House Republican introduces an LGBTQ discrimination bill with huge religious exemptions

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Today, Rep. Chris Stewart (R-UT) is expected to introduce the Fairness For All Act (FFAA), the Republican answer to the more comprehensive Equality Act which passed the Democratic-led House in May. It’ll mark the first time that a conservative U.S. Congress member has ever introduced pro-LGBTQ legislation.

But even though it’s barely been introduced, conservatives and progressives already hate the bill.

Related: Republicans introduce a bill to criminalize medical care for trans youth in South Carolina

The FFAA would add sexual orientation and gender identity to the list of protected classes in the 1964 Civil Rights Act, banning anti-LGBTQ discrimination in education, employment, housing, public accommodations, and other areas.

But, unlike the Equality Act, it would allow religious organizations and small-business wedding vendors to continue discriminating against LGBTQ people.

The bill would require any business (except for wedding vendors) with more than 15 employees to serve LGBTQ people. It would also allow anti-LGBTQ religious schools and colleges to retain their tax-exempt status while discriminating against LGBTQ people and would also allow any public venues and adoption agencies owned by religious organizations to refuse service to queer people.

Among conservative groups, the Church of Latter-day Saints, the Seventh-Day Adventist Church, the American Unity Fund, the 1st Amendment Partnership, the Center for Public Justice, and the Council for Christian Colleges and Universities all support the FFAA.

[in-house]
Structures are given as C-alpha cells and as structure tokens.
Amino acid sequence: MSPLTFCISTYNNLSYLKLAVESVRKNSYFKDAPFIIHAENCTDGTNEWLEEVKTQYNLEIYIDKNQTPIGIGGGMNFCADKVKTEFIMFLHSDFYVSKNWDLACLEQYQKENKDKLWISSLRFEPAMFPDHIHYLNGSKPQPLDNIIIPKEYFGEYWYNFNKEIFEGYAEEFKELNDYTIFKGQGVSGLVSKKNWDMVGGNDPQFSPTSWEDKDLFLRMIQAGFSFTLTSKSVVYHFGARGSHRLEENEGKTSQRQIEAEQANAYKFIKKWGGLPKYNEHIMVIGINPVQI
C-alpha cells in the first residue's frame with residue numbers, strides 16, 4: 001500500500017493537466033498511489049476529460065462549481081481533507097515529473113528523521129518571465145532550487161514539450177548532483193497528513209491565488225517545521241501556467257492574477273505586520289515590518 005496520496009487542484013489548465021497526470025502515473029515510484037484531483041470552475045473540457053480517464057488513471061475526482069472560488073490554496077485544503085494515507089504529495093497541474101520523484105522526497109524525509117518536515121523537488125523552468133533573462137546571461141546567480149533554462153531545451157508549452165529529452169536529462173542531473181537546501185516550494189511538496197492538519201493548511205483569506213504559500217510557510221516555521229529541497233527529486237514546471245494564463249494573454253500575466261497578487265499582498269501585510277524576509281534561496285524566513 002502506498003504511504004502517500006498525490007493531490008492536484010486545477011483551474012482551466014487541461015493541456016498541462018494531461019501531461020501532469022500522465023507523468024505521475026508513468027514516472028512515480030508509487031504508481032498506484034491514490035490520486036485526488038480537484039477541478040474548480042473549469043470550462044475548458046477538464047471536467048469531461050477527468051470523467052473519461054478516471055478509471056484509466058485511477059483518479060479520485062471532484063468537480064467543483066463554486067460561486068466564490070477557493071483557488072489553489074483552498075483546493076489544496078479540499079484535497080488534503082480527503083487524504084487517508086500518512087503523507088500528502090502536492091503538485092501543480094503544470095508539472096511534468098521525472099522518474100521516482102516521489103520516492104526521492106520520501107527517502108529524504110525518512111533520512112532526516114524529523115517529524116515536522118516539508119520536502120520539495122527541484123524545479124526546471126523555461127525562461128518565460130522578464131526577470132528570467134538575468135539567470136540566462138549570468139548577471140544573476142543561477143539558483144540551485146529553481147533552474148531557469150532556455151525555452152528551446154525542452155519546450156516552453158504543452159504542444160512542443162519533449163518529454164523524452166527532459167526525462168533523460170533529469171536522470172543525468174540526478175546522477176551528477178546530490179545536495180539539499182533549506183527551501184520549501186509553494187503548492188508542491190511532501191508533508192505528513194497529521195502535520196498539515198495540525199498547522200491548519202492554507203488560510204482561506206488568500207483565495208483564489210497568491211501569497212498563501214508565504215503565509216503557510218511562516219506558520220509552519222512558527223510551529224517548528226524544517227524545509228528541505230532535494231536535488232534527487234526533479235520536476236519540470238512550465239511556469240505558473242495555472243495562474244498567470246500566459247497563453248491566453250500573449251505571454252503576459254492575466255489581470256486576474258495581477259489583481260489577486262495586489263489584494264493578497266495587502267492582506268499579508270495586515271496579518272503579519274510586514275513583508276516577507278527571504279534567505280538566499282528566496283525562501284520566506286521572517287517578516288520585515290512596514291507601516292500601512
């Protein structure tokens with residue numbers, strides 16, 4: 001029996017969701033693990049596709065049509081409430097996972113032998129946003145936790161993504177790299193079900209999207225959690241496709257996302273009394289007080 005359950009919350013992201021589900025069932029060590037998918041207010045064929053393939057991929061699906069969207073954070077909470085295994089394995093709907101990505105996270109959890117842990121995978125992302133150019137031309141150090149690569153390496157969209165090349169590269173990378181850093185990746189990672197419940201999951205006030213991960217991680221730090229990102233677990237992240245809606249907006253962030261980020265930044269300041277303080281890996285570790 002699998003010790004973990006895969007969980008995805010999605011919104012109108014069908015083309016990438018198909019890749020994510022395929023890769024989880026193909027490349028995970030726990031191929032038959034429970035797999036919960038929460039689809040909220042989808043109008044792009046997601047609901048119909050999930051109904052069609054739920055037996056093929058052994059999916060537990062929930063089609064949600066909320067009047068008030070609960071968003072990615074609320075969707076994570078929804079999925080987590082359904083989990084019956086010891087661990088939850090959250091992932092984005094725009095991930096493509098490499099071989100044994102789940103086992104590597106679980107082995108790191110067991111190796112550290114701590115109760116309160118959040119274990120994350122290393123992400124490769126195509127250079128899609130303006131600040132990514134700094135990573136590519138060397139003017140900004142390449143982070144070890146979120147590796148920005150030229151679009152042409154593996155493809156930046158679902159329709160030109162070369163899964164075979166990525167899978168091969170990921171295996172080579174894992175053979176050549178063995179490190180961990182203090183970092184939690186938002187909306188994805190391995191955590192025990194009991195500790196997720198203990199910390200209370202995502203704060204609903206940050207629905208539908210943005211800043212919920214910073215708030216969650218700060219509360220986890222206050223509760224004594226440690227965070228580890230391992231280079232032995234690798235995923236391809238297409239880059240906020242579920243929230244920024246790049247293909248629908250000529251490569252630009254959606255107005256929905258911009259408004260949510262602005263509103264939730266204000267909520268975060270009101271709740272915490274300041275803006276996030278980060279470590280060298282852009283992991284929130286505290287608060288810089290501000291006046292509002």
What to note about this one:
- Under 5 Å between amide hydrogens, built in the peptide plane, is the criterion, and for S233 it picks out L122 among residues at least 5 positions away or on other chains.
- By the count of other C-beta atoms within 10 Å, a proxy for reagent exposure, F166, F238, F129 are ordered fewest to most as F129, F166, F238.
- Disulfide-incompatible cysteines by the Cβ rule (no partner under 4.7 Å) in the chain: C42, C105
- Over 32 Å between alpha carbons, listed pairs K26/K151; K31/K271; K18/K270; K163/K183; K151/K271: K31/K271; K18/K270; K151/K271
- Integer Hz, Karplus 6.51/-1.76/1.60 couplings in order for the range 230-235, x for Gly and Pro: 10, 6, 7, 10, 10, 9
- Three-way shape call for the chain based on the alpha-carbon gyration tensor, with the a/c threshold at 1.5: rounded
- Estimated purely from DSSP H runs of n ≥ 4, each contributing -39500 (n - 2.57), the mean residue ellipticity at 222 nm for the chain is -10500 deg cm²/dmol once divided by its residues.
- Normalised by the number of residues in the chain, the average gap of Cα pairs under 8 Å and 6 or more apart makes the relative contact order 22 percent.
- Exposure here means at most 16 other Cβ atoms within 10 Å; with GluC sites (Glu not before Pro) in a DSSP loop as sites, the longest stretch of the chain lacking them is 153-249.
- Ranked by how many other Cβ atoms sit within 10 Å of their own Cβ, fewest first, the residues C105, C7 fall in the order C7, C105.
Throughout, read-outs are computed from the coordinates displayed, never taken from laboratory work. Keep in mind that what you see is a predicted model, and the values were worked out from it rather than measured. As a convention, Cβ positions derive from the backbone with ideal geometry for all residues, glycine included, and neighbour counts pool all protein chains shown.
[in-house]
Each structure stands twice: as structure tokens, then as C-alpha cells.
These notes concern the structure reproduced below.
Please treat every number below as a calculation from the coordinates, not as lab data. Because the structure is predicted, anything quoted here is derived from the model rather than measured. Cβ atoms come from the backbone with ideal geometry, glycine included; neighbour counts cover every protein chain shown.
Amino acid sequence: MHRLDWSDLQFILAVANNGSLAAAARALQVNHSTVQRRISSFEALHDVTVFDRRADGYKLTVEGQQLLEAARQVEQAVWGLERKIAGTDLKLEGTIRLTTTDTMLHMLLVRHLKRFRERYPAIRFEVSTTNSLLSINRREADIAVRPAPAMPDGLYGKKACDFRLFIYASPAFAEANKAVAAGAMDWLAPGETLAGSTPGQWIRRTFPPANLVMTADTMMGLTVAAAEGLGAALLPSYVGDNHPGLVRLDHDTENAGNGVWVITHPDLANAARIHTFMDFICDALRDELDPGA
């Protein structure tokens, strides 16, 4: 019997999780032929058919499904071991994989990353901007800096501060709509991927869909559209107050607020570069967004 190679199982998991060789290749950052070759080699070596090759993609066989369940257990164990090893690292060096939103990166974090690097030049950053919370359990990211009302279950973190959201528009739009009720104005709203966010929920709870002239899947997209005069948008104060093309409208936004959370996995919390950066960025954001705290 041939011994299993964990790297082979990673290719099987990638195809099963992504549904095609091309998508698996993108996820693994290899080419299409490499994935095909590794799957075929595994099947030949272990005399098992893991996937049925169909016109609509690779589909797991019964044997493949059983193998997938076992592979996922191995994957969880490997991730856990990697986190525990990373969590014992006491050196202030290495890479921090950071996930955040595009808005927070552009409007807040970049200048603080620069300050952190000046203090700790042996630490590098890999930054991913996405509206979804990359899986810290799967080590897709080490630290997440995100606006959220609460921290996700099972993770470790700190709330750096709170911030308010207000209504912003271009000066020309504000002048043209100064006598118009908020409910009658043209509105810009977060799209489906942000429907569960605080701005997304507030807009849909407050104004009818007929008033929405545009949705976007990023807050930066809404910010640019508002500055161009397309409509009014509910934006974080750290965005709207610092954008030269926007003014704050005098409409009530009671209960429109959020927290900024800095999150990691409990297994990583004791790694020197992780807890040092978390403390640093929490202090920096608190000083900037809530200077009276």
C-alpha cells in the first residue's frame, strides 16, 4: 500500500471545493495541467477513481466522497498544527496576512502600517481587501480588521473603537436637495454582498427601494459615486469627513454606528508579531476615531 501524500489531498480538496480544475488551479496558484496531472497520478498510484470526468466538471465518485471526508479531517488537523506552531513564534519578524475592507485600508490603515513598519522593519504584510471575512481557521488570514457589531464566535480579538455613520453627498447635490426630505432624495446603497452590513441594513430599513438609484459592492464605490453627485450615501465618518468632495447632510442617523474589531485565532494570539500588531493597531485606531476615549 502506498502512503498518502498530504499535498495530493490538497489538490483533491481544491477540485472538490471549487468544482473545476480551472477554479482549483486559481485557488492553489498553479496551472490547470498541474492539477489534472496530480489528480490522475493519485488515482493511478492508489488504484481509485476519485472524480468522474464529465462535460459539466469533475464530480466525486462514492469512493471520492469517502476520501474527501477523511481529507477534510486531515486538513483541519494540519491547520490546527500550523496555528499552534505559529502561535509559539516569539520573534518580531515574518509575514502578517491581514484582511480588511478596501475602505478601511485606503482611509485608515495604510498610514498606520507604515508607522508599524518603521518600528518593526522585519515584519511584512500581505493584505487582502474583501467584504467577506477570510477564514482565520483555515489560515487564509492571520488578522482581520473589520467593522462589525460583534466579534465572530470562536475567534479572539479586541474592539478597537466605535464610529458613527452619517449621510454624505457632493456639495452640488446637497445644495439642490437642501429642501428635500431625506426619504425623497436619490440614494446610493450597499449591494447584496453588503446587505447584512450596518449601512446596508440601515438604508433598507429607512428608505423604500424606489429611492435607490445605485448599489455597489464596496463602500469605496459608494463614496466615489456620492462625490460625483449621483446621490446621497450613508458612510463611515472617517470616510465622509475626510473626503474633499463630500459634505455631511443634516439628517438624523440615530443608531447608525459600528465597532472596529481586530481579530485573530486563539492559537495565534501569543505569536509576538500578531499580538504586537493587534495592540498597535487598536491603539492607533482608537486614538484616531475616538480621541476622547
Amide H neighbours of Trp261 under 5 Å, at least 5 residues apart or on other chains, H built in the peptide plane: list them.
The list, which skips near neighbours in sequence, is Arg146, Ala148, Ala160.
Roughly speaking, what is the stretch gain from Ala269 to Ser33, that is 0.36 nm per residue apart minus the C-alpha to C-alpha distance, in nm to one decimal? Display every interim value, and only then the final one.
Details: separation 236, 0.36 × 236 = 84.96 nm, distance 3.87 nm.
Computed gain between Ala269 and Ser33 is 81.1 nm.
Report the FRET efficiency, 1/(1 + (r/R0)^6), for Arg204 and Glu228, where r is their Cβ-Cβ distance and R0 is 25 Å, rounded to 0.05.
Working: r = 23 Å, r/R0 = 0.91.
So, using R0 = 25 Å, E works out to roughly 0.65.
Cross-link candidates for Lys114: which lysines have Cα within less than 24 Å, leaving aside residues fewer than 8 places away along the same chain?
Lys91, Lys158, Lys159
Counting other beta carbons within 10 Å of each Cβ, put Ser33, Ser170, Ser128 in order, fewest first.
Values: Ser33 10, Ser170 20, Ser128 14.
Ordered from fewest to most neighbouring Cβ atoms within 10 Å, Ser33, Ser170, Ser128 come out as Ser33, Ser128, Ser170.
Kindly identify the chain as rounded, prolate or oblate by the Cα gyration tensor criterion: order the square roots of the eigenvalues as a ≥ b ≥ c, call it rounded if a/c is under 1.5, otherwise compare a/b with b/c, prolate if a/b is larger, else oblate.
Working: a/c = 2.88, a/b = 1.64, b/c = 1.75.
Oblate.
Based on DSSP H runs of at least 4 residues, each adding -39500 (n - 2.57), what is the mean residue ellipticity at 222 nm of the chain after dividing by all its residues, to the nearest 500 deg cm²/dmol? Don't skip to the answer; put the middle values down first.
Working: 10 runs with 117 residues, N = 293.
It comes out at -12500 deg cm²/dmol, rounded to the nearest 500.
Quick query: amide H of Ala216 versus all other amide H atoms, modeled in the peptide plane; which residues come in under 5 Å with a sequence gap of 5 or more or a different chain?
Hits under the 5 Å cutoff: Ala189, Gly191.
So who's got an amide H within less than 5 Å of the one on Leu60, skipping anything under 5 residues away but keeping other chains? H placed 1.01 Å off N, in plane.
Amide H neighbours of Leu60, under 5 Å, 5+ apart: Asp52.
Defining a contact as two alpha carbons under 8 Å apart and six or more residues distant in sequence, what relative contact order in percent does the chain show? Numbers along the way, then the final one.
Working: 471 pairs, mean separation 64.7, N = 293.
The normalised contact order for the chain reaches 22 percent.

But the conservative Heritage Foundation called the proposal “misguided,” saying it would “penalize” transphobic Christians, “violate the privacy and safety” of women and girls, and erode “the free speech and religious liberty rights” of any discriminatory person working outside of a religious organization. They say the law is about “coercing” Christians to “endorse” LGBTQ activities.

“Making ‘gender identity’ a protected class in federal policy, for example, could impose a nationwide transgender bathroom policy, a nationwide pronoun policy, and a nationwide sex-reassignment health care mandate,” writes the Heritage Foundation’s Ryan T. Anderson. His slippery-slope argument presumes a generation’s worth of pro-transgender legal and legislative victories that would need to happen.

But he’s not alone in his distaste for the FFAA. Alliance Defending Freedom, the American College of Pediatricians, the Christian Medical Association, Concerned Women for America, and the Family Research Council all hate the bill, saying it undermines “both fairness and freedom.”

LGBTQ groups like the Human Rights Campaign (HRC), dislike the bill too.

In a statement, HRC President Alphonso David said: “The so-called Fairness for All Act is an unacceptable, partisan vehicle that erodes existing civil rights protections based on race, sex and religion, while sanctioning discrimination against lesbian, gay, bisexual, transgender and queer (LGBTQ) people.”

“For LGBTQ people living at the intersection of multiple marginalized identities, this bill is a double whammy of dangerous rollbacks and discriminatory carve-outs. This bill is both wrong and harmful, and we strongly oppose it.”

David added that the Equality Act “has already passed through the House of Representatives with a bipartisan majority, the support of more than 260 leading companies and more than 500 civil rights, religious, medical and social welfare organizations, and is our movement — and, most importantly, our community’s — top legislative priority.”

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